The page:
Chicago Nexus October 14-16, 1977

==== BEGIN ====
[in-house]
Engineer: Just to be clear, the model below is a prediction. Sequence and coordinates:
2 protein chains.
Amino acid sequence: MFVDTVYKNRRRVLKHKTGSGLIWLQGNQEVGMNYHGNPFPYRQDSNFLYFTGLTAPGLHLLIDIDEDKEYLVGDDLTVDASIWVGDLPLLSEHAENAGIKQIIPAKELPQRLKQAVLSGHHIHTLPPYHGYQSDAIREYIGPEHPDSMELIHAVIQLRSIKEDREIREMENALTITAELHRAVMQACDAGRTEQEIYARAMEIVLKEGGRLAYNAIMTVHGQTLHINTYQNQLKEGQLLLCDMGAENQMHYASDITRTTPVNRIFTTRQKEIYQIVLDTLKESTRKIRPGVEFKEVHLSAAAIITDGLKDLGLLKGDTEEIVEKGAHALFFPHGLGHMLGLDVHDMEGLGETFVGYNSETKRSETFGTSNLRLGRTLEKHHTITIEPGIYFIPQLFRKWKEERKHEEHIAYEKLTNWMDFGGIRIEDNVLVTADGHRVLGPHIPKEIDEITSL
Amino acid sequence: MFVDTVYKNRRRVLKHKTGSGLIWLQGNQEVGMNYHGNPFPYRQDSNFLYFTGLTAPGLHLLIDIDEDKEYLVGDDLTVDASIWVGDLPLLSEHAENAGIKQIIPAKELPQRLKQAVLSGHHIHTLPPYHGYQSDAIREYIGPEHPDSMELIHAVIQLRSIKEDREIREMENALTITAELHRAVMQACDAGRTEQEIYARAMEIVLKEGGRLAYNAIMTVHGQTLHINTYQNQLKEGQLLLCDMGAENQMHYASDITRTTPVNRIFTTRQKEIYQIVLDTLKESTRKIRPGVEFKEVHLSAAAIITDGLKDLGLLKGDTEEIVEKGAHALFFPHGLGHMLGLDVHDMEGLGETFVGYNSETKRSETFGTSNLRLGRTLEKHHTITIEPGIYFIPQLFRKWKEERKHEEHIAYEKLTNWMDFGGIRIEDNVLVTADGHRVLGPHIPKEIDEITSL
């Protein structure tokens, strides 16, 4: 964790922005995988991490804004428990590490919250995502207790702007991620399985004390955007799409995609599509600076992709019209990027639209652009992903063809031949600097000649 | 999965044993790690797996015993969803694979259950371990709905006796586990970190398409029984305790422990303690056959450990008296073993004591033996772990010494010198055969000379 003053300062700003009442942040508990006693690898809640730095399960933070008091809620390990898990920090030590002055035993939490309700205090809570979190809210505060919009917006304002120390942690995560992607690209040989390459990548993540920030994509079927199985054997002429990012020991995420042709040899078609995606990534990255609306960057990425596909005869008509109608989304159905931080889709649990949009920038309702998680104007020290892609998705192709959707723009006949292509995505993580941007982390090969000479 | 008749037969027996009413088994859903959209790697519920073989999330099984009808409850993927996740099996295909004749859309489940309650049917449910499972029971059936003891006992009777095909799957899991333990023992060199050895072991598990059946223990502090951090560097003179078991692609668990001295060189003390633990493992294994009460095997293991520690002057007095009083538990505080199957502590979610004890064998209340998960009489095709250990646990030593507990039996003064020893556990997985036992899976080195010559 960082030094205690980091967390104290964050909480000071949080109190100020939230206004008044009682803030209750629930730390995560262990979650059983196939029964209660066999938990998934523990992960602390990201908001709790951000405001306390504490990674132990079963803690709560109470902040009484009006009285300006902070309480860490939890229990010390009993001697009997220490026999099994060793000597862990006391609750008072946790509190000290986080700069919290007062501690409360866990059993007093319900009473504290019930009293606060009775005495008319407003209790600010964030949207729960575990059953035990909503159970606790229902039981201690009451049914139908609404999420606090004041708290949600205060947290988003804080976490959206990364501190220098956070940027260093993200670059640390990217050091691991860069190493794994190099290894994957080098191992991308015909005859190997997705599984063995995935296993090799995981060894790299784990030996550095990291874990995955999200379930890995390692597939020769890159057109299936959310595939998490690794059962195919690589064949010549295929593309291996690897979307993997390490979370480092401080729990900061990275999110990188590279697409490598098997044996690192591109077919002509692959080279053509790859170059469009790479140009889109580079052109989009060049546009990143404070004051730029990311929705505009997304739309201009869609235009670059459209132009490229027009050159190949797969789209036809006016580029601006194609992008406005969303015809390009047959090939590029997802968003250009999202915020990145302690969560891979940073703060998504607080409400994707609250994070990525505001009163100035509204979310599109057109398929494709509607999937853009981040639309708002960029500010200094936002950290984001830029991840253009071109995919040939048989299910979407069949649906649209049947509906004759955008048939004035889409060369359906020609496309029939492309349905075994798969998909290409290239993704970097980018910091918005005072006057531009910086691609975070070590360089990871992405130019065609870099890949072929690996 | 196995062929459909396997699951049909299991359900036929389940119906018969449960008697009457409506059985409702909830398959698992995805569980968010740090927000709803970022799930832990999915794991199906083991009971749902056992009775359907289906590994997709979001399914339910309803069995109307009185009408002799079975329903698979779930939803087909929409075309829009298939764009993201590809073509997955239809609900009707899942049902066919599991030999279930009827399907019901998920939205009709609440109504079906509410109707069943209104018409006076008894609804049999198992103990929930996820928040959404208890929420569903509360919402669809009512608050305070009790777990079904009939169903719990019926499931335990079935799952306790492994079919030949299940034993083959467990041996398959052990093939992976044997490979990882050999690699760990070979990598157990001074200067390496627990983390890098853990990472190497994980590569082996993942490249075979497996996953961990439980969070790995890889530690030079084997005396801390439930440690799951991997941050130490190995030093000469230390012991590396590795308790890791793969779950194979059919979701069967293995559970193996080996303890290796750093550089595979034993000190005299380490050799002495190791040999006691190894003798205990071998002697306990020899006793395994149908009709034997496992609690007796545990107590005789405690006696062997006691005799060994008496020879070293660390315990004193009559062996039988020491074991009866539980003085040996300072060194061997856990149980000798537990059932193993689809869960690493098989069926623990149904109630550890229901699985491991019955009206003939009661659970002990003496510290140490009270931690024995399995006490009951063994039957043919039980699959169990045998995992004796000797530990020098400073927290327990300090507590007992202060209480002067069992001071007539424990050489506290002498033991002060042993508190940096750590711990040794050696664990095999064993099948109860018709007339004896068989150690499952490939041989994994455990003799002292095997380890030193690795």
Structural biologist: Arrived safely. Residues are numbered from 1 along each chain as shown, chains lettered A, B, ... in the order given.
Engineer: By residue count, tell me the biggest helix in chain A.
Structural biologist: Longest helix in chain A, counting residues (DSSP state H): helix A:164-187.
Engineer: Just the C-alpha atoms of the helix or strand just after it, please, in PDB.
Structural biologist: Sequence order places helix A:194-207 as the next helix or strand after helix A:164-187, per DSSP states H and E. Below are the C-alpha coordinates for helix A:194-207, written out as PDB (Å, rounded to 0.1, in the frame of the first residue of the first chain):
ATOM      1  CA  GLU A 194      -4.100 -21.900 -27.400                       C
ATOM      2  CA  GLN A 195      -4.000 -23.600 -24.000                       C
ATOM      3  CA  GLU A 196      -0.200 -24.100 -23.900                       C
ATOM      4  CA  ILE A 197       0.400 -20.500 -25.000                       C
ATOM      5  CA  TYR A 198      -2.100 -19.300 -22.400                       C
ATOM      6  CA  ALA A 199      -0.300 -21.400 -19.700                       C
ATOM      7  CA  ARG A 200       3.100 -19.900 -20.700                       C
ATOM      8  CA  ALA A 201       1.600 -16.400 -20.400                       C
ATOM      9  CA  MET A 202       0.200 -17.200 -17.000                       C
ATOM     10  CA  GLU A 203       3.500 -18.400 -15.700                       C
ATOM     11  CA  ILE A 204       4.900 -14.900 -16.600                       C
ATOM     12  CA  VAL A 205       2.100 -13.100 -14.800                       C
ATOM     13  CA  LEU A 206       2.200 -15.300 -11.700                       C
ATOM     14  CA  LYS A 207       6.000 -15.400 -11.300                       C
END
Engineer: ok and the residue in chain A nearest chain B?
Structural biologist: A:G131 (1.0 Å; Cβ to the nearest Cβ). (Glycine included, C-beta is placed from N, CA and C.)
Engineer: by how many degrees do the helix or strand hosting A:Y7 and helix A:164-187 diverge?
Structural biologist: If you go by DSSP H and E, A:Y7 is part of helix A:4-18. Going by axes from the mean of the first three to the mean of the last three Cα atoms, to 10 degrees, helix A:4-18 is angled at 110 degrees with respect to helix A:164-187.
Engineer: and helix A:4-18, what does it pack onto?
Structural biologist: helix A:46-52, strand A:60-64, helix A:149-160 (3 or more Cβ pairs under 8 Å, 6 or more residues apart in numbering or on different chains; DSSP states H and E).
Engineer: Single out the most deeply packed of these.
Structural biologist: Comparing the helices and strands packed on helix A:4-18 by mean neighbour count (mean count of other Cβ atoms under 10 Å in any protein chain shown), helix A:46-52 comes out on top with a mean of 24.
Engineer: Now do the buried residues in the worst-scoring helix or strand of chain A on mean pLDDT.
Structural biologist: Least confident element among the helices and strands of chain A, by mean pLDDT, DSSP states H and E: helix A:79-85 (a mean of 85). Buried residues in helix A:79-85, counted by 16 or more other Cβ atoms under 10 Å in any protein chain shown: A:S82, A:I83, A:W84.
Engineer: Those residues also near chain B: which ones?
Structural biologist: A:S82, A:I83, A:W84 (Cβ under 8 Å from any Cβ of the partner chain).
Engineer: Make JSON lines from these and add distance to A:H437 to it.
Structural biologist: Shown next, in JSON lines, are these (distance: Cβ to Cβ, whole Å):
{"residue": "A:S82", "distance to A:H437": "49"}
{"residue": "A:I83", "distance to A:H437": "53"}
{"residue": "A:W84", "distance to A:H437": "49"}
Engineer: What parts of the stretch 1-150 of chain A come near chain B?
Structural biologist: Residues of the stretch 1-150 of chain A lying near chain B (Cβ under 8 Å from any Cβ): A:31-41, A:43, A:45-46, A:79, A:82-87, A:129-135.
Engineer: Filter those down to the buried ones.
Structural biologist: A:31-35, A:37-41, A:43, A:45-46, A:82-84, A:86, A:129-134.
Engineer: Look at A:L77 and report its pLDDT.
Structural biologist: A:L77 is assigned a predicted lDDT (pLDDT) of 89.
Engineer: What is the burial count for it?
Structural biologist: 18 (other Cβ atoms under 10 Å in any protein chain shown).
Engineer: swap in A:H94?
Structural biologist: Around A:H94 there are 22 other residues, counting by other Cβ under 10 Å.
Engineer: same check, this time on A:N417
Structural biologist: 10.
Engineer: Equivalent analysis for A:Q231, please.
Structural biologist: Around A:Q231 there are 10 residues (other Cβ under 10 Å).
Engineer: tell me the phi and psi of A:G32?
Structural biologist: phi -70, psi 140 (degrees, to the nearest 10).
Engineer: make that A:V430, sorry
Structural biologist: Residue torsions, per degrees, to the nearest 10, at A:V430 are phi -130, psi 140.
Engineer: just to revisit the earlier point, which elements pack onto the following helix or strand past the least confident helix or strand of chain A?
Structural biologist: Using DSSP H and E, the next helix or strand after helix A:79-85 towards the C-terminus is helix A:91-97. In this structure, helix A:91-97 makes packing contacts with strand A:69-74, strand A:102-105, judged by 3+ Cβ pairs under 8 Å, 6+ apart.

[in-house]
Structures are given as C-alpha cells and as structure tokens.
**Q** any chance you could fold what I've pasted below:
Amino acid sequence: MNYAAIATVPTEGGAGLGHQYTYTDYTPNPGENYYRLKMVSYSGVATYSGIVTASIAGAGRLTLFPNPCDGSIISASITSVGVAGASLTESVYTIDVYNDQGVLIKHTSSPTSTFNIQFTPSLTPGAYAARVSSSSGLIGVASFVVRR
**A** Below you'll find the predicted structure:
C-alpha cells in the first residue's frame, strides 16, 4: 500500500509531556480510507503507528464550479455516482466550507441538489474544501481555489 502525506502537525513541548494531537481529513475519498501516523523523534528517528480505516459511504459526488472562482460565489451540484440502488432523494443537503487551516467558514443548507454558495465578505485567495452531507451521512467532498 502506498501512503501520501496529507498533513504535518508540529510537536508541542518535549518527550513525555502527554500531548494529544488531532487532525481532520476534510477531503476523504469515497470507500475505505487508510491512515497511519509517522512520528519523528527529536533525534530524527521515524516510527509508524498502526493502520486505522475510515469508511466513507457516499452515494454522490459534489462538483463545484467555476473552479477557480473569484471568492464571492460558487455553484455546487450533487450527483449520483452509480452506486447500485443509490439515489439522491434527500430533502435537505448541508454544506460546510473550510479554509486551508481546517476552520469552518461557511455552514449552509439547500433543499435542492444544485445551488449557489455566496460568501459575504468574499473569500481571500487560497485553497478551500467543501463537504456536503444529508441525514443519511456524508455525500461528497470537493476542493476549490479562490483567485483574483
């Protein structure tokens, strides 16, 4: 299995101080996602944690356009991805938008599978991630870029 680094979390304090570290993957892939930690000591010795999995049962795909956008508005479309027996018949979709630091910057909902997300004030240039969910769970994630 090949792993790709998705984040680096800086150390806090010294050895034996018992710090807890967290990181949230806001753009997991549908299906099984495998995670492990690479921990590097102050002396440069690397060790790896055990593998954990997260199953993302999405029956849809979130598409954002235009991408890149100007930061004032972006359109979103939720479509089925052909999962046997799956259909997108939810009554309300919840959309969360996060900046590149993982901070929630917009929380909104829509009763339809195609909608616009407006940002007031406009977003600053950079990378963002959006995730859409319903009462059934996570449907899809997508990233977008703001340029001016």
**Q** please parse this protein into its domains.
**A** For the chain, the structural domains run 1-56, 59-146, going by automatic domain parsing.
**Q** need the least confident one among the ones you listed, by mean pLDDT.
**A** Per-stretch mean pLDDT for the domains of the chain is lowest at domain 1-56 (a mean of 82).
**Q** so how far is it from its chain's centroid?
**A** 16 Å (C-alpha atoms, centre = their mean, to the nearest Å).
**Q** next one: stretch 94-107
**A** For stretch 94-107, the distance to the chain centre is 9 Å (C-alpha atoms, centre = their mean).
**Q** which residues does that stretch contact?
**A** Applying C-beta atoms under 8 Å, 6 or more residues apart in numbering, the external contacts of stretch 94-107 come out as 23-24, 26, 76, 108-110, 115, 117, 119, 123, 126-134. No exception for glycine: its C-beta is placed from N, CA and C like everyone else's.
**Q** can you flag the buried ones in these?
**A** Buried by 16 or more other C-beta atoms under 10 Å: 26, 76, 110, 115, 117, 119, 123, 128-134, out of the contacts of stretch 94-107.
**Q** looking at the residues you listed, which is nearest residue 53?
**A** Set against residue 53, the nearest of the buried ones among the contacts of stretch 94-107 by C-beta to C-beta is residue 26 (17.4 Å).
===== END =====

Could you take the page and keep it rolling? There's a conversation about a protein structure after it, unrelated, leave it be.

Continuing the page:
STATE OF THE MOVEMENTIt is a deep honor to stand in this body of Guardians, which represents the countless number of People Who Care across the face of this planet. I've been asked to say a few words about the state of the Movement. I could simply ask you to look around the room and to take a good look at the faces and into the eyes of your colleagues. If you see what I am seeing, you would know what the state of the Movement is. Had I been asked to speak on the spur of the moment, I would have done that. A 17th Century philosopher and statesman, Schuro Grotius, formulated a concept which became known as the Doctrine of the Two Swords. In succeeding years, this doctrine was used by lawyers to drive a wedge between the functions of the State and the functions of the Church. The original purpose of this man's doctrine was to describe an indicative reality in life. There are in this world, he said, two great powers, or two great swords, as it were. One is the temporal sword of the State which ruled through the person of the king in his time, and the other sword is the power of the Church as was manifest in the Pope and his minions. A few years ago I would have used the imagery of the two swords to hold the characteristics of the body that is gathered here tonight. However, something far more can be held by such imagery of those who deal with the sword and those who deal with temporal matters, or those who function in the temporal to protect those who don't have sense enough, while they are dealing with the spirit, to know what to do in the temporal world. I find another image of the sword helpful, and I reached way back into my mythological memories to recall the imagery of Prince Valiant. Prince Valiant was one of the knights of King Arthur of the Order of the Round Table, and he had a sword. I don't know whether you'd classify it as a long sword or a short sword, but it was a powerful sword and it was Excaliber. When that sword was grasped by its rightful owner and was wielded in battle by the one chosen, marked and appointed to use it, that sword would sing. It was a singing sword. It sang only in the hands of Prince Valiant, and the basic assumption was that it was only used for just cause and for the protection of the people. That image, for me, holds this hour in our history. An incredible gift of history has been given to this body, a gift I can only describe by using the word "unity." I'm not talking about pandering, politeness or how people can learn to get along with each other. I mean a unity that is born out of historical necessity, a unity that emerges in the midst of radical disagreement and diversity, a unity born out of a common caring, and a unity that is forged out of a disciplined corporateness that cares for the innocent suffering of this world. To symbolize the gift of history, that gift of unity, I'd use the image of Prince Valiant's Excaliber. It was a two-edged sword, remember, and when it was wielded it always won. The unity that this body, in its gathering, dramatizes, has seldom been witnessed in history. I'd point to that as one indicative about the state of the Movement. I want to quote the words of a colleague, for in the task of describing the state of the Movement it is a necessity to use the words of colleagues. These words are from a colleague in the State of Maharastra in India: "These words speak for the state of the Movement: OUR FEEBLEST EFFORTS HAVE BEEN ABUNDANTLY BLESSED." What is the state of the Movement? I could invite you simply to look around at the decor in this room which creates a consciousness of who we are, and, in fact, what the state of the Movement is. The Three Campaigns, or the three aspects of our task, have been held for us symbolically. One campaign has to do with the impact of society, the awakenment of individuals and local communities to rise to fulfill the potential already resident in them. We call this campaign Global Community Forum. With the Global Social Demonstration Campaign we have created a methodology which allows us to move in serving local communities. We have the methodologies which allow local people themselves to grasp their own lives and to recreate them. Third is the Global Servant Force, the emergence of a body of people across the face of this earth who, alongside their vocations, their faces to the world, know themselves to have a paravocation. It is through this paravocation that they fulfill the call of history itself. Take a look at the Global Community Forum in 24 nations across the globe. We have moved to engage people in an event in which they can determine their own vision, their own contradictions, and propose a picture for the future of their own communities. We have moved this year to a county coverage of the North American Continent. Approximately 150 Town Meetings or CFCs have been held in the past four months. Furthermore, in the last two months, as our colleagues across this continent have engaged in this task, they have been able to confirm, as of today, that they have held or set dates for 498 Town Meetings or CFCs this quarter. We have been saying at Chicago Nexus that, if the Areas put together 444 TMs by this date, then there would be the assurance of the 3,518 being done this year. What has been done indicates that colleagues like ourselves (and others who are not here tonight simply because they are engaged in the task across this continent) have decided to win with Community Forum. As of now, Nevada is the second state in the United States in which all of the counties have held Town Meetings. By the first week of November, as a result of NEW DAY NEW BRUNSWICK, the Province of New Brunswick in the great nation of Canada will have covered its county territory with Community Forum Canada's. The resolve that this represents is present not only on this continent but across the globe. That's symbolized for me with one place that is holding Community Forum outside of this continent. It is a small village in Venezuela called Tapipa Grande. I had never heard of it before, but that says to me that there are men and women who are ready to move to rebuild the community that has collapsed around them. There are people who have resolved to live for the future, to claim the future and to shape it. It is your resolve that makes it possible to announce, if you didn't already know, that since the Guardians last met in April, the consults have been held and the 24 HDP's are raised now as one global sign. There are 24 HDP's, one each hour on the hour across the face of this globe. I don't know whether history will ever know what has happened, but I would be willing to wager that it does and will know what it means to raise that kind of sign of practical sociological possibility in local communities across this globe. Some people have looked at human community from a global perspective and have seen only the problems which they have named in terms of not enough food, overpopulation, inadequate education, inadequate health services, and so on. They have been left only with the statistical analysis of what cannot be done. Now, however feeble our efforts have been in the long sweep of history, the sign has been raised. A note of possibility has been raised in the midst of seeming impossibility, simply because men and women have seen the power of local community and the possibility that is resident in a group of people who decided to take responsibility for their own turf. There is possibility because 1ocal people have seen that, in taking care of their own communities, they do it not only for themselves but literally for the sake of the world. I hope you get a chance to cast your eyes over the 16 Global Priorities, our statement of what we are about as a Movement in history. As I scanned the list the other day those priorities began to remind me of an ancient Jewish liturgy. If we were to use that kind of litany to get said what is going on right now, it would go something like this: Had there only been the 24 and not the PAKK expansion of an additional project in the Philippines, Australia, Korea and Kenya, IT WOULD HAVE BEEN ENOUGH. Had there only been the PAKK expansion and uot the Singapore strongholds of East Malaysia, Sumatra, Sulawesi and West Samoa, IT WOULD HAVE BEEN ENOUGH. Had there only been the Singapore Strongholds and not the breakloose of four more projects in Latin America, IT WOULD HAVE BEEN ENOUGH. Had there only been the Latin American Beachheads and not 12 additional Human Development Projects in the United States, IT WOULD HAVE BEEN ENOUGH . Had there only been the 12 in the U.S. and not the surging replication of Maliwada, the Mighty 250 of Maharashtra, IT WOULD HAVE BEEN ENOUGH. We could go on with that, but that brings us to Maliwada ,and to replication in the State of Maharashtra. We were working with 16 villages in the State of Maharashtra when we gathered here this summer. Two years ago this December a consult was held, and the villagers of Maliwada decided to become selfreliant, selfsustaining, and selfconfident people who would rebuild their own community. Since then, colleagues have come from across India, from all over Maharashtra, from the village of Maliwada itself, and from the cities of Aurungabad and Bombay to put their lives into a movement which they are calling the Nava Gram Prayas, or the New Village Effort. This effort, in and of itself, has the promise and the potential of renewing every single village across the face of the Subcontinent. Just two months since any of us were last gathered in this room, we've received word from our colleagues that that in the State of Maharastra there now is a project in every district. That is, we are now working with villages in all 25 districts of that State and there are, in the process of replication, some 36 villages in the State of Maharastra. We thought there would be 25 villages by December. What enabled that is surely the Human Development Training School. This Sunday, the fifth such school begins in Maliwada. From the four previously held schools, about 300 people have placed themselves under assignment, to go to any village and to work there for the sake of its renewal, for the sake of its local economic and social development. That school has been attended by college graduates and professional people, some businessmen, some who have interrupted their college education simply to go to school and to work far two years in the villages of India, but also by the villagers themselves. From every one of those villages there is a representative group of 8, 10, sometimes as many as 15 people from one village who have come to that school for 8 weeks, whether they have literacy ability or not, and have utilized the wisdom that's come out of their own engagement; their own struggle with life itself. They have exposed themselves to the horrendous task of grasping new methods for the sake of being effective in the communities and in the villages across the Maharashtra State. I don't know how it is that we can keep abreast of what's going on and how we can hold, in our mind's eye, the wonder that that is. I would say, in the same breath, that the wonder that comes to me as I stand before that tells me there is more to it than what we have been doing. You can put it in whatever poetry you want. You can say we have been riding a wave of history. You can say it was the right moment, and we came along with the right tools. However you want to talk about it, I stand before that and say that in all of our feeble efforts, those are our projects. But I want to remind us that, in a very real sense, they are not our projects, they are not our villages. What is being done is finally being done by the people of those villages, who have struggled over the years with not enough food, not enough training, not enough work or employment, with the horrendous press of the inadequate health services, daily death, and who have labored hard and long hours to produce minuscule production from their farms. Those men and women have caught a vision of the future. Those are the people who are rebuilding that State of Mabarastra which we have been privileged to participate in. It may be that the world will never see that, but I would be willing to wager that history will do more than nod when that becomes known. It may be, before that makes its imprint upon history, there will not be one of us left, but that's all right. We do have time. Had there been only the replication of Maliwada and not what we have called the "doment" of the 24, it would have been enough. But strangely enough, it has been given to us, and we have perceived that it is historically necessary to do more than what we have done in setting 24 Human Development Projects across the face of the Globe. We've set them in place. Now, the task this year is to move toward their maturation, their completion. To "do" them, whatever that means, and I'm not sure that anyone has clarity yet on what it means to "do" one of these projects or to "do" a village. That's why we've used that strange word "doment," and perhaps we have to reach for new vocabulary. For this body, the domeet of the 24 takes the form of acceleration. Some of you participated in the World's Fair which was held last June in Kwangyung I1. That occasion became a sign of the completion of that particular project but also a sign of the 24 being set in place in history. We have participated in a radical kind of acceleration. When we went into those villages to "do" HDP's, we began out of a time-line dictating that within 2 years, a village would be completed to the point where the catalytic forces of the Institute would move on. It has become apparent that by June 30, there has emerged a resolve to move toward the future, to grasp that future and to demand of ourselves that the 24 be done, that those 24 villages be brought to maturity. This past couple of weeks we sent out teams of people on acceleration events. I don't know whether we call them treks, events, or happenings, but whatever they were, the report we have is that both the economic and the social events that occurred in Vogar, Ivy City and Inyan Wakagapi were events that, indeed, accelerated the dynamics of each of those projects. The two people from here who Joined 16 colleagues from Area San Francisco in Cannonball and in Bismarck, were participating in what was a new form of acceleration for us. In that 2day PSU at Inyan Wakagapi, guardians from across that area came together and focused their wisdom on the acceleration of the implementation of the tactics of that Project. What came out of that almost instantaneous acceleration was that there was a metalwork's industry, or, at least the foundations of it were set in place. The contacts were made for marketing products and for securing the equipment that would be needed there to establish a new industry. The site for a ten acre truck farm was identified and secured as a further practical vehicle of economic development within that community. An acceleration event occurred in the small village of Vogar, 125 miles outside Winnipeg, with a mixture of Mati and Icelandic Canadians. Several people from the U.S. and from Canada enabled the people of that village and those who are seeing to it that that Project comes off, to establish a new industry there. It may seem to some of you to be a rather small beginning, but I want to claim it for the future, especially for anyone who hails from and has any of his roots in Canada. Some of the women of Vogar are now working in a quilt factory. They make quilts by hand and they have a contract to sell the first of their products to nothing less than Eaton's, the major retailing store across Canada. That's a sign! I'm not just pointing to the increase in income that happens with people who work in that industry. I would point to a new sense of selfhood, a new confidence, a new humanness, if you will, in the people who have been broken open to possibility that they never dreamed was there within their own community, or ever dreamed was possible for their own lives. That is happening! The Social Acceleration Team in Ivy City was operating on a 10day model of acceleration. Not 4 weeks, but 10 days to accelerate the dynamics of a Project. I heard the word from some of the people in Ivy City. They said they weren't ready for that group to come in. They weren't ready to be accelerated. Afterwards, their reflection was, "We never would have been ready to have had that happen." What happened was, that the stake dynamic, the care structure in the neighborhood of that community, were brought into being and became stronger in a new way, and 15 people were commissioned to be health advocates in Ivy City. Those people stand now as trained, committed people who have decided to care for the health of that community by pouring out their own lives so that the upgrading of human life in that community might be a sign to all other urban communities acroas this nation. I sense that we stand at a day of wonder, a day of miracles. When I think of the third campaign of the Global Servant Force, I think about people like Dick and Louise LeBlanc who are now in Termine, Shannon Welsh who is there also, and I think of some of you. I think of the Betty Dysons, Dallas Ziegenhorns, and the Ben Potts. Do any of you remember Ben from Sudtonggan? He is a man who has just decided to stand tall in the midst of his own community, and, in order to do that, has decided to break out of the parochialism of his own community to go to Maliwada. He's there in the school to participate as a responsible person in that community, then to come back into his own community to assume responsibility once again for the training and the raising up of other people. I think of the Chokababa and the Stubans, That is, I think of the villagers. I don't know what in the world that Global Servant Force is ever going to look like. I don't know what form it is going to take, whether it will be the form of an historical order that will go down and be remembered for the next 1,000 years, or whether it will take the form simply of a group of people who meet on occasion to engage in an activity that demonstrate possibility, then moves on. I don't know whether it is going to look like this kind of gathering, or like the gathering of four or five people who, up to the time in which they appeared in the house where they are now living, never knew each other, and there they stay for a year, then move on across the face of this globe. I don't know if it is going to be the Nava Gram Prayas that will include those who come out of the Christian Tradition; those who come out of the Hindu, Buddhist, Shintoist Traditions, or whatever the framework or the poetry or symbolism that has been there to point to the profound aspects of Life. I don't know if it will be that inclusive. I don't know if it is going to include the villagers from across the 24 and the 36 and the 48 and 250 and the rest that we have not even begun to number. I do know that there is breaking loose, anew in our time, what I call nothing else but spirit. It calls forth men and women like those I have just named, men and women in this room, to be a servant force. Some of us in very recent days have found ourselves very sobered by Radical Contingency. Those who serve society and who serve to create the future and those who serve to defend the human dynamic in Life will be those who decide not only to seek out significant engagement for their own life, who decide not only to take responsibility for the lives of others, but who decide to take upon themselves nothing less than the innocent suffering of the whole world. I think that is going to be one of the characteristics of those who are finally known as the Global Servant Force. Perhaps the greatest thing that's been given to us, is not simply the tasks of awakenment or the task of creating some little project in a village somewhere, but to be those who, in the midst of caring, defend the deeps of Life, itself. A new grasp has been given to us, in our time, of what it means to live the Profound Life; what it means to take hold of Profound Humanness. All kinds of poetry will emerge. I think we first touched it when we began to talk about the Other World in the midst of this world. What speaks now in this hour to men and women, no matter what the poetry of their tradition, is the qualities of Profound Humanness, as a way of getting our minds and our lives around the deeps of Life itself. I don't know whether that is going to be our lasting poetry, but I suspect that it will. We find that Life itself presents us with those events which confront us with nothing less than mystery, itself. Sometimes, and most frequently, even against our own desires, a consciousness is thrust upon us that we cannot refuse or deny. This consciousness is a demand for action. We find ourselves in the midst of action engaged totally, called forth to give everything that there is, for the sake of other people and for innocent suffering. In the midst of that action and total engagement, there is born in us a corporateness beyond anything we could ever create ourselves, out of some kind of routine, measurement, or agreement among ourselves. We find that there is proclaimed, in the midst of Life, that which gives us Life itself, and which breaks loose the creativity within us that is beyond our own doing. This is a creativity that only comes out of the pain of birthing the New. Those who decide to give their lives over to that, find themselves, as others find them to be, a presence in history. Integrity is given to us. This is not an integrity measured by a moral principle, or some delineation of Right and Wrong, but an integrity that comes out of being given the gift of your life engaged significantly, born out of Care and in response to Care, finding that Life itself is far fuller than every could be imagined. I don't know if that is the poetry that holds it for you, but we are the guardians of Profound Humanness. Perhaps that is what will mark us finally in history. We are given to a task and the task is becoming clearer. Teilhard de Chardin held that before us when he said, "The task before us now, if we would not perish, is to shake off our ancient prejudices and build the earth." Our task is nothing less than that. Finally, your life and mine is not worth giving for anything less than that. Our task is to awaken possibility , to demonstrate possibility, to be the Presence of possibility wherever we are. I want to leave you with the words from one of the early saints of this century. He claimed a promise which seems to be very appropriate as we try to grasp who we are in history and what the state of this movement is. Schweitzer said, "I don't know what your destiny will be. But one thing I know: The only ones among you, who will really be happy, are those who have sought and found how to serve." From what I have seen, I have confidence that we have sought and we have found how to serve; and that task of serving, I have no doubt, will be done!